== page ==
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Correction: I incorrectly stated that the motion for immunity was filed by the expert witnesses.  In fact, it was filed by the petitioner.  That correction may not seem like much of a difference but it signals a different motivation for filing the motion.  Petitioners want the testimony of the expert witnesses rather than having them take the 5th which would send a terrible signal about their reports.  Even though petitioner’s attorney must have known their motion had almost no chance of success, they signaled their desire to have the court hear it.

In an order entered on September 22, 2022, in Oconee Landing Property LLC, et al v. Commissioner, Dk. No. 11814-19 the Tax Court denied the request of a partnership litigating a conservation easement case seeking to have the Tax Court grant immunity to two witnesses who prepared the appraisals of the easements at issue in the case.  The Court also declined to find that the appraisals were qualified appraisals.  I don’t remember seeing a request to the Tax Court that it grant immunity to witnesses previously but it has happened which is why the Court could dispose of this request by order rather than through a precedential opinion – more on that below.  The request does not signal strength and confidence in the appraisals.  It’s hard to imagine a better way to cast doubt on the quality of an appraisal than to have the appraiser assert a constitutional privilege against incrimination rather than talk about the appraisal.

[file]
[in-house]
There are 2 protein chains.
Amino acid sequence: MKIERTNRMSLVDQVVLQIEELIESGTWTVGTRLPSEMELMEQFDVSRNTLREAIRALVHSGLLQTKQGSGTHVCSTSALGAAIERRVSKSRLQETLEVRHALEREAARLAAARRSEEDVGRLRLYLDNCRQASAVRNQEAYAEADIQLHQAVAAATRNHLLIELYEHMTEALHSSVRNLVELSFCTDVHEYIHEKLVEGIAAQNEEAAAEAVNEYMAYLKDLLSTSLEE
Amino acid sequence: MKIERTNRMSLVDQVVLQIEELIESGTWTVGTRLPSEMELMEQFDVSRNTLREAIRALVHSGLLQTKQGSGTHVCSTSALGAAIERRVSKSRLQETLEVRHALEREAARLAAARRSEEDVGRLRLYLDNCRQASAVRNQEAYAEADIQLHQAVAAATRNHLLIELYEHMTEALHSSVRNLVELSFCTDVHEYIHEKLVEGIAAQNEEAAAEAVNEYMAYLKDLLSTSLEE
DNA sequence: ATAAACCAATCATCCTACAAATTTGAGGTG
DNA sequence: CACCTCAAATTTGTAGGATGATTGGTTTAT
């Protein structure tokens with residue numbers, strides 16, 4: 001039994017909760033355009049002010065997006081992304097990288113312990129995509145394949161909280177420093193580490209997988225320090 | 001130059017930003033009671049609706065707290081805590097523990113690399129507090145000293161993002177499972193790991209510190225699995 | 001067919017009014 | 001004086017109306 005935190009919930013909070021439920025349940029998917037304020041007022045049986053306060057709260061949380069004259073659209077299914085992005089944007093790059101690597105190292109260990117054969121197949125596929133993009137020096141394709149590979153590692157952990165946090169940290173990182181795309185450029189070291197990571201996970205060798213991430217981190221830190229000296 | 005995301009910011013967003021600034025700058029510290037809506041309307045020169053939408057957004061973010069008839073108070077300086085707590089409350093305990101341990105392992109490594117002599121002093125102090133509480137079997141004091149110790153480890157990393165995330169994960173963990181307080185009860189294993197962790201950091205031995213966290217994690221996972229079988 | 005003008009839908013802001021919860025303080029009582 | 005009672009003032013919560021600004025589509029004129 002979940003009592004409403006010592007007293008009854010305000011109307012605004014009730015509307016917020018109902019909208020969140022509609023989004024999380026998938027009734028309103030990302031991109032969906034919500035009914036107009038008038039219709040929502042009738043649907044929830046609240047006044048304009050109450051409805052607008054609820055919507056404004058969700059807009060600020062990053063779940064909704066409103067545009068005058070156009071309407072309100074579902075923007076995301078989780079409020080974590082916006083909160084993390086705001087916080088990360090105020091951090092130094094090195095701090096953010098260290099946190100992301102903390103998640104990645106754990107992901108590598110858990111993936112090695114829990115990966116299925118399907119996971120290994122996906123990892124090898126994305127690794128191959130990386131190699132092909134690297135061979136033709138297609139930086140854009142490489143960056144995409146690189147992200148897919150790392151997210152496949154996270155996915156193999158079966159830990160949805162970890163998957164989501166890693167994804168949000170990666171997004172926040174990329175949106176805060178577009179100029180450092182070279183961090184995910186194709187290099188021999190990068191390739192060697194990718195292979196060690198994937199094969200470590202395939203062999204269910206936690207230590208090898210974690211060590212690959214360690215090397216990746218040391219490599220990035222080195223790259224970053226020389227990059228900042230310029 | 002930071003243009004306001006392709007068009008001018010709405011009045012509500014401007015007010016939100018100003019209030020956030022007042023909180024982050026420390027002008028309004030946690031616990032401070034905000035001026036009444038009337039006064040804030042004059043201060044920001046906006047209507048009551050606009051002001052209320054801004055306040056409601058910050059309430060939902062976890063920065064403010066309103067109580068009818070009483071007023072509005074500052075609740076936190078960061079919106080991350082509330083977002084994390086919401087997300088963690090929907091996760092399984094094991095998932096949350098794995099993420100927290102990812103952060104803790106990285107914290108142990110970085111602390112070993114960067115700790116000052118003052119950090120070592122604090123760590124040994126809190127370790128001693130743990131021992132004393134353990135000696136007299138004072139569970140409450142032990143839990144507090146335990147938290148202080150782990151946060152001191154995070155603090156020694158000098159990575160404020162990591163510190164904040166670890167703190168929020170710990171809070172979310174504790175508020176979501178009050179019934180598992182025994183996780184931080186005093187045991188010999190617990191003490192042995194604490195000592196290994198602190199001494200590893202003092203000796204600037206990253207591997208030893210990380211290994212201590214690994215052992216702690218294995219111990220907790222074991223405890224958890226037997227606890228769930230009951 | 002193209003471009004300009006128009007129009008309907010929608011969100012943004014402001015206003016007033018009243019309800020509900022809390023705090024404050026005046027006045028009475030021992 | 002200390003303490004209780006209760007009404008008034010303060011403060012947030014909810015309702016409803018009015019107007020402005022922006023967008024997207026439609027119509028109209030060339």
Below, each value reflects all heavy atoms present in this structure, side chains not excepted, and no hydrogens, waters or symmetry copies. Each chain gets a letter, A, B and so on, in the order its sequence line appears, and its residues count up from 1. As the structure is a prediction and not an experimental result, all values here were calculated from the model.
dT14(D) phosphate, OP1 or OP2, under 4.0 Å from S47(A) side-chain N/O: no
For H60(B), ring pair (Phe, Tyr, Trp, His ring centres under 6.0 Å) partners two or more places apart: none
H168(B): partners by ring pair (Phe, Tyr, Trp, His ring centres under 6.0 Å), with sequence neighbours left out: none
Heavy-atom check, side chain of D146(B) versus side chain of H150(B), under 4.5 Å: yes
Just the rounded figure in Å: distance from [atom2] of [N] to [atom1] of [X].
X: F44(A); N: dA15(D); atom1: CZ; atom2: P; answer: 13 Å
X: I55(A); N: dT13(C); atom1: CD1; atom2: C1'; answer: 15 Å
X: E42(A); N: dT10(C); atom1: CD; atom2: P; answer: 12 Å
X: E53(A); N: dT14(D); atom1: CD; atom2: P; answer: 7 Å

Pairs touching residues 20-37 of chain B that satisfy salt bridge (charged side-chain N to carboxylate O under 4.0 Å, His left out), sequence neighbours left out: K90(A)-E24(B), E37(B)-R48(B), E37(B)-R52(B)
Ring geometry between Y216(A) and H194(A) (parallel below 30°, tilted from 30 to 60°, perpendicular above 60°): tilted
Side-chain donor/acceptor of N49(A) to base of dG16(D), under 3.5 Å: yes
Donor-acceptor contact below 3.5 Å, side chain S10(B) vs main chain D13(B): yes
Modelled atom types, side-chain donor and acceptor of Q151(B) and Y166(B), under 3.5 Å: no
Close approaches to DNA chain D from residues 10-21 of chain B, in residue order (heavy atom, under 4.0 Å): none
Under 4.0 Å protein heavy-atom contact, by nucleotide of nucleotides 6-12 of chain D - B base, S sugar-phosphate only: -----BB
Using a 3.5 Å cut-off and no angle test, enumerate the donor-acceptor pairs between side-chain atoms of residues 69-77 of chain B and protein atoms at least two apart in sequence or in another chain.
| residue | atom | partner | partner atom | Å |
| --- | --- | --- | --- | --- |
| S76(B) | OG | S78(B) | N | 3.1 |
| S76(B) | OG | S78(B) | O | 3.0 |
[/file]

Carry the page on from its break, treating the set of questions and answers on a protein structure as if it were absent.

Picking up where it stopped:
The case is set for trial in mid-November before Judge Lauber who seems to be working pretty hard for an old guy now on senior status.  He has a three week special trial session in the Fumo case I have blogged on many occasions here, here, here, here, here and here which began on October 3 in Philadelphia and another special trial session in the Oconee case in November.  Without going too far off on a tangent about the Fumo case, I do want to mention that I first blogged on this case on October 8, 2013, as it began its now almost decade long journey in the Tax Court.  Since the Fumo case involves a jeopardy assessment, the length of its visit to the Tax Court has fascinated me.  When it got assigned to Judge Lauber a year or two ago I knew we were closing in on the end but even the speedy and hard-working Judge Lauber could not swiftly bring the Fumo case to a conclusion.